Toddlers don’t seem to have an off switch. Often, when they’re tired, they just reverberate faster, like an overwound toy… until they crash.
The bad news is that some kids seem to be born good sleepers, and some don’t. The good news is that falling asleep is a matter of habit, and all kids can learn it. It may take some time to develop that habit, but your busy toddler can learn to put himself to sleep, and to stay asleep, eventually.
1. Start the wind-down process early in the evening. Toddlers who’ve been racing around can’t simply switch gears and decompress at bedtime. If dad comes home during the bedtime routine, make sure he reads a quiet story with the kids, rather than tossing them in the air as a welcome.
2. Follow the same evening routine every night, if possible. Dinner, bath, stories, then kissing and tucking in all the stuffed animals who share the toddler’s bed, then prayers or blessings, then lights out while you sing to your little one, is common and effective. Beware of too elaborate a routine, because they have a way of expanding to take more time. Your goal is a sense of calm, safe, predictability.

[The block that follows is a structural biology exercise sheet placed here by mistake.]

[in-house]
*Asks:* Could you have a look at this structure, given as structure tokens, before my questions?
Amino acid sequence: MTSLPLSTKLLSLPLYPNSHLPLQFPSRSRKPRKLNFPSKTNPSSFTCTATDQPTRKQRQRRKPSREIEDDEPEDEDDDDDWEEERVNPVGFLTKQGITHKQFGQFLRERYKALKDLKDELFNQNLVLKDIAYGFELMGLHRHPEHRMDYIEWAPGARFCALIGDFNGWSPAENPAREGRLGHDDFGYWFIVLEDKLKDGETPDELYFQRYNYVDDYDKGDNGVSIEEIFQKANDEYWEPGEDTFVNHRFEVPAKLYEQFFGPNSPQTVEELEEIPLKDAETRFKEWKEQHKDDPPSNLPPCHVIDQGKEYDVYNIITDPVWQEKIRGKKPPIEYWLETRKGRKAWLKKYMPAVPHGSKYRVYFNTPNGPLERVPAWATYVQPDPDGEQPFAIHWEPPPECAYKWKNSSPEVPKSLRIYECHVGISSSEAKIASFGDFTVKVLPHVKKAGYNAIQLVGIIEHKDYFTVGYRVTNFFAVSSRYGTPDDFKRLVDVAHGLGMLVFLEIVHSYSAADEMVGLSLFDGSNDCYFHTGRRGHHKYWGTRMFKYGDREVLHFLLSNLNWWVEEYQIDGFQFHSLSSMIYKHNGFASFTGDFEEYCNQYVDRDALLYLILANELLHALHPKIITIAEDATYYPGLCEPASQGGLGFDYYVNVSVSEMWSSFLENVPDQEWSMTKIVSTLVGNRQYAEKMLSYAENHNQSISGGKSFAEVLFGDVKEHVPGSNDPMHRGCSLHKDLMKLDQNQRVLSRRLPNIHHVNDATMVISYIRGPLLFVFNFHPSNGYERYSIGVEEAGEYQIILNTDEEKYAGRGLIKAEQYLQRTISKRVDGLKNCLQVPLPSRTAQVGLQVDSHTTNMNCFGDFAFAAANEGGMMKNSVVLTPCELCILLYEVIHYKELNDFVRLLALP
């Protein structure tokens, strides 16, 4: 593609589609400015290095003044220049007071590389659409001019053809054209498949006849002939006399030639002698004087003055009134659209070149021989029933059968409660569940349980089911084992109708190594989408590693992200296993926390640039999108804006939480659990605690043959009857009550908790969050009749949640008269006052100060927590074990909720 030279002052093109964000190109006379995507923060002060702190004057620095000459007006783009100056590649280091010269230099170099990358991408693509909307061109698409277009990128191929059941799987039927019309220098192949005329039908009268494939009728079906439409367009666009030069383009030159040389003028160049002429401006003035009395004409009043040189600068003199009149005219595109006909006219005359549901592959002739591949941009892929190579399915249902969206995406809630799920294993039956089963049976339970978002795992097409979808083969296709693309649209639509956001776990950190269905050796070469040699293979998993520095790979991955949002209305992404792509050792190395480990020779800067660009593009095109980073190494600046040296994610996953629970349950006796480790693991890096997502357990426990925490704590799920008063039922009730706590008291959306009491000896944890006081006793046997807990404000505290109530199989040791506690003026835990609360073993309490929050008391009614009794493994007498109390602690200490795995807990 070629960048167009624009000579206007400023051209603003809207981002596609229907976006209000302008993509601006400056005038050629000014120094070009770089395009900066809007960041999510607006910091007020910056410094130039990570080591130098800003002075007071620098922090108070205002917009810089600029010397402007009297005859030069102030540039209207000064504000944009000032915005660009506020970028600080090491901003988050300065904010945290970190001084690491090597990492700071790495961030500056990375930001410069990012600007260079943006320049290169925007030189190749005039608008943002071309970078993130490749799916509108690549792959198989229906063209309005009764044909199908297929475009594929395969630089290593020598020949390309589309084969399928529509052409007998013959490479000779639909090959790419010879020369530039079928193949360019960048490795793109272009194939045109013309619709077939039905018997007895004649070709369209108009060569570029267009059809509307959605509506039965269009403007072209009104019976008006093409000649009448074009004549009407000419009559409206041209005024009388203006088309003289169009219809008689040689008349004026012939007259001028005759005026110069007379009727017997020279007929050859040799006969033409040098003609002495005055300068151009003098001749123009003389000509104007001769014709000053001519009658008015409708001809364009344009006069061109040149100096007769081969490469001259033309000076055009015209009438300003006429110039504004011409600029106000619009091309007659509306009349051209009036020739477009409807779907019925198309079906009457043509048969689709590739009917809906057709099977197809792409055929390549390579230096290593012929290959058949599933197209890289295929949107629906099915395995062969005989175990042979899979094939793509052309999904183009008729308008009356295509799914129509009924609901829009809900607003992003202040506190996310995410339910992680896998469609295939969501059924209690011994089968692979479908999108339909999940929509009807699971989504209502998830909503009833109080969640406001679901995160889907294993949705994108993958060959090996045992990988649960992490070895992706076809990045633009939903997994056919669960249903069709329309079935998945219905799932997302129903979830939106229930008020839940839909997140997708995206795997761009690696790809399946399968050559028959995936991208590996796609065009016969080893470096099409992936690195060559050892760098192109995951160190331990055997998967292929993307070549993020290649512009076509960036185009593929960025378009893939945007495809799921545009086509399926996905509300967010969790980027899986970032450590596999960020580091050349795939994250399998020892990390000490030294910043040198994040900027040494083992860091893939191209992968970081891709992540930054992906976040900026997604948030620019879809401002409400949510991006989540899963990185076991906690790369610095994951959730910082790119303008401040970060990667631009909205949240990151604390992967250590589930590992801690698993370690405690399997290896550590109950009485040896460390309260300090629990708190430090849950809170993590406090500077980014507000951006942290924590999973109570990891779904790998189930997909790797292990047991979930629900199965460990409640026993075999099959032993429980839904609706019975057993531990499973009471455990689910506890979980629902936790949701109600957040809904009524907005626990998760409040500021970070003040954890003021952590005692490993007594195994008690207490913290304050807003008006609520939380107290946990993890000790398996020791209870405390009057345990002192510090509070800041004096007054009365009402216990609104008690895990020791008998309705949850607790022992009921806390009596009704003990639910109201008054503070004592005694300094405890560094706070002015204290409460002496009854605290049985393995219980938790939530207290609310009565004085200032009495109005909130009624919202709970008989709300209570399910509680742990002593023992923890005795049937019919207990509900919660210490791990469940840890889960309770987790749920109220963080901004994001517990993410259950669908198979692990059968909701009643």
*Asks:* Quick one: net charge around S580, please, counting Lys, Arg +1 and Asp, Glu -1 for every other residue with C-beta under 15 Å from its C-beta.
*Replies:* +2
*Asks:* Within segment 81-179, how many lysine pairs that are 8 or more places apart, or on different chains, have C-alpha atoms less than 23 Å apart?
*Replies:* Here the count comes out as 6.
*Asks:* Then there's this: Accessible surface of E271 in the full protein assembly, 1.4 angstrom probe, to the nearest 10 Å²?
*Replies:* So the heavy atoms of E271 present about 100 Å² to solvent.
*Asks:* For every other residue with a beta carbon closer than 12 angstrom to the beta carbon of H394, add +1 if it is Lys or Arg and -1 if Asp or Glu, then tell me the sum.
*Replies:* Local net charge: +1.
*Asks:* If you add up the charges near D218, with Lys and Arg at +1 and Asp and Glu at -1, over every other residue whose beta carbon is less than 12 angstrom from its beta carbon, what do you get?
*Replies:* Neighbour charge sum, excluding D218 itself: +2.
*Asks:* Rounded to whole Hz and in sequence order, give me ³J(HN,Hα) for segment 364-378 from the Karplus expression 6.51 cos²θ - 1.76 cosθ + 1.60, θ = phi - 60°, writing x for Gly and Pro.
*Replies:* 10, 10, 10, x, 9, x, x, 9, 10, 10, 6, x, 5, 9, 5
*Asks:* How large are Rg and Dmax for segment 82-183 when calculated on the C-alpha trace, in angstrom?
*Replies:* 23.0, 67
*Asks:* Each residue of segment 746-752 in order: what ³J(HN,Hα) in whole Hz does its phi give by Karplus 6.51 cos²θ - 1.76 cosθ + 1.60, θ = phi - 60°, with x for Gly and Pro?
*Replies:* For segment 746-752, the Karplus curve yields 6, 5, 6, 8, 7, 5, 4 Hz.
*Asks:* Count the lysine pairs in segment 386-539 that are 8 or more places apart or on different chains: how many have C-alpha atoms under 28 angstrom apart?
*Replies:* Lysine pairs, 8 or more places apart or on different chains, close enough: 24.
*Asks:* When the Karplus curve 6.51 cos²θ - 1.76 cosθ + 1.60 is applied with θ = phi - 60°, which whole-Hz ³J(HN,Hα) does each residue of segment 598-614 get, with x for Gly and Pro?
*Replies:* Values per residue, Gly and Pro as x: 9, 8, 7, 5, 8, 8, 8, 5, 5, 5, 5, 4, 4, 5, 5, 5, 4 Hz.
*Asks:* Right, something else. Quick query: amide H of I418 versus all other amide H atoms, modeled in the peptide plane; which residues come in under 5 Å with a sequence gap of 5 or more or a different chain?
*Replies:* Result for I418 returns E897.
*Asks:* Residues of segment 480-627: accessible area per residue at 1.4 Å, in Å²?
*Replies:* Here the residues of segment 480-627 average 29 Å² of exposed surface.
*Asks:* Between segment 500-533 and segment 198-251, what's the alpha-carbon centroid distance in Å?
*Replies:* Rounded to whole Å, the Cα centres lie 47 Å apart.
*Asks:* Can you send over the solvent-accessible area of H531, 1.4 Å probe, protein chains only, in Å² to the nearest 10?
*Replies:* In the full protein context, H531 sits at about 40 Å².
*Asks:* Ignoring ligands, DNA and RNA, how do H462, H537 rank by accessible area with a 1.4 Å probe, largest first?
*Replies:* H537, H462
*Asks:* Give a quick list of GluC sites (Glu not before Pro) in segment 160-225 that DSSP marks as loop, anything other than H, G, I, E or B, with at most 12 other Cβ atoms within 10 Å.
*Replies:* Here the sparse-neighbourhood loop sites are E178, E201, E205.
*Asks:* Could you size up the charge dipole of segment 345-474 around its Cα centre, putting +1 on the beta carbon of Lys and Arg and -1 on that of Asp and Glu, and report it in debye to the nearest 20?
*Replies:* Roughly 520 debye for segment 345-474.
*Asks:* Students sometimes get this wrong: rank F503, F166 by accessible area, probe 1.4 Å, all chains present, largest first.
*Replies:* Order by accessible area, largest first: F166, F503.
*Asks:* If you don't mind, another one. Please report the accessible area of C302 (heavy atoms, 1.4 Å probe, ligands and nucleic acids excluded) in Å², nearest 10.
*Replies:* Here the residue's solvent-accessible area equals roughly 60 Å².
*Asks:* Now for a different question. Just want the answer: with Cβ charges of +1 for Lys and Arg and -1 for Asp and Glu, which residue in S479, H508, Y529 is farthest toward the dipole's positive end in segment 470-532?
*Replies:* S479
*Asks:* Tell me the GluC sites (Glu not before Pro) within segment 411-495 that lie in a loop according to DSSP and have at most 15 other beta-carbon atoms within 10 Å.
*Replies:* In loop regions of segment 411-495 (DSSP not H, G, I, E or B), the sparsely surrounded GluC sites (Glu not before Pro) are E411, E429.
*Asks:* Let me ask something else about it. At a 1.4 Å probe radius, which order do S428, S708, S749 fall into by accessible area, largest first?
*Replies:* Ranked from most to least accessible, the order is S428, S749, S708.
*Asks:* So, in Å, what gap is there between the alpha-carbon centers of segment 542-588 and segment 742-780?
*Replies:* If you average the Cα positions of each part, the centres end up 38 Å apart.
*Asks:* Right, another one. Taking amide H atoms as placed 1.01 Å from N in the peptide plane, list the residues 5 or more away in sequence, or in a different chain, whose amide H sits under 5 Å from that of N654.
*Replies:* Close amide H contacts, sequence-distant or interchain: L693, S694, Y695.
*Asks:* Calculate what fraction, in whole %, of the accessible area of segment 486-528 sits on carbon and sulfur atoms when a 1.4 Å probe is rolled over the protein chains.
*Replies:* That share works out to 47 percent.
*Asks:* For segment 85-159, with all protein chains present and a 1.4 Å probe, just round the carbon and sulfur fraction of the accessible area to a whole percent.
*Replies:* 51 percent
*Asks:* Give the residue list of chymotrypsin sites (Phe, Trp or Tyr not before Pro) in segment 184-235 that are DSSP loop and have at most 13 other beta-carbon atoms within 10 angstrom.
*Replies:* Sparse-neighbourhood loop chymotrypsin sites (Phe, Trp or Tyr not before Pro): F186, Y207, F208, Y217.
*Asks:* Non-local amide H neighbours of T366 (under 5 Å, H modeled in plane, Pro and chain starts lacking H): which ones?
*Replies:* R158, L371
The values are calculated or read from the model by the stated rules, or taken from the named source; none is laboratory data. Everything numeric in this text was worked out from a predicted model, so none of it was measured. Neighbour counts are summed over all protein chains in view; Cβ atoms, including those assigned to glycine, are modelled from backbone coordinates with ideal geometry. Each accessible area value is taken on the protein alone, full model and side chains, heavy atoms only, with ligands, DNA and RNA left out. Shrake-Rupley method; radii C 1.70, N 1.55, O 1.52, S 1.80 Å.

Toddlers who are showing oppositional behavior may resist moving along with the bedtime routine. The best way to sidestep this is to have the clock, rather than you, be the bad guy. “Look, it’s 7:15! If we can get out of the tub now and brush your teeth, we’ll have time for an extra story before lights out at 7:30!” That way, you’re on his side, and he doesn’t need to rebel against you. He also begins to learn about responsibility and making smart choices.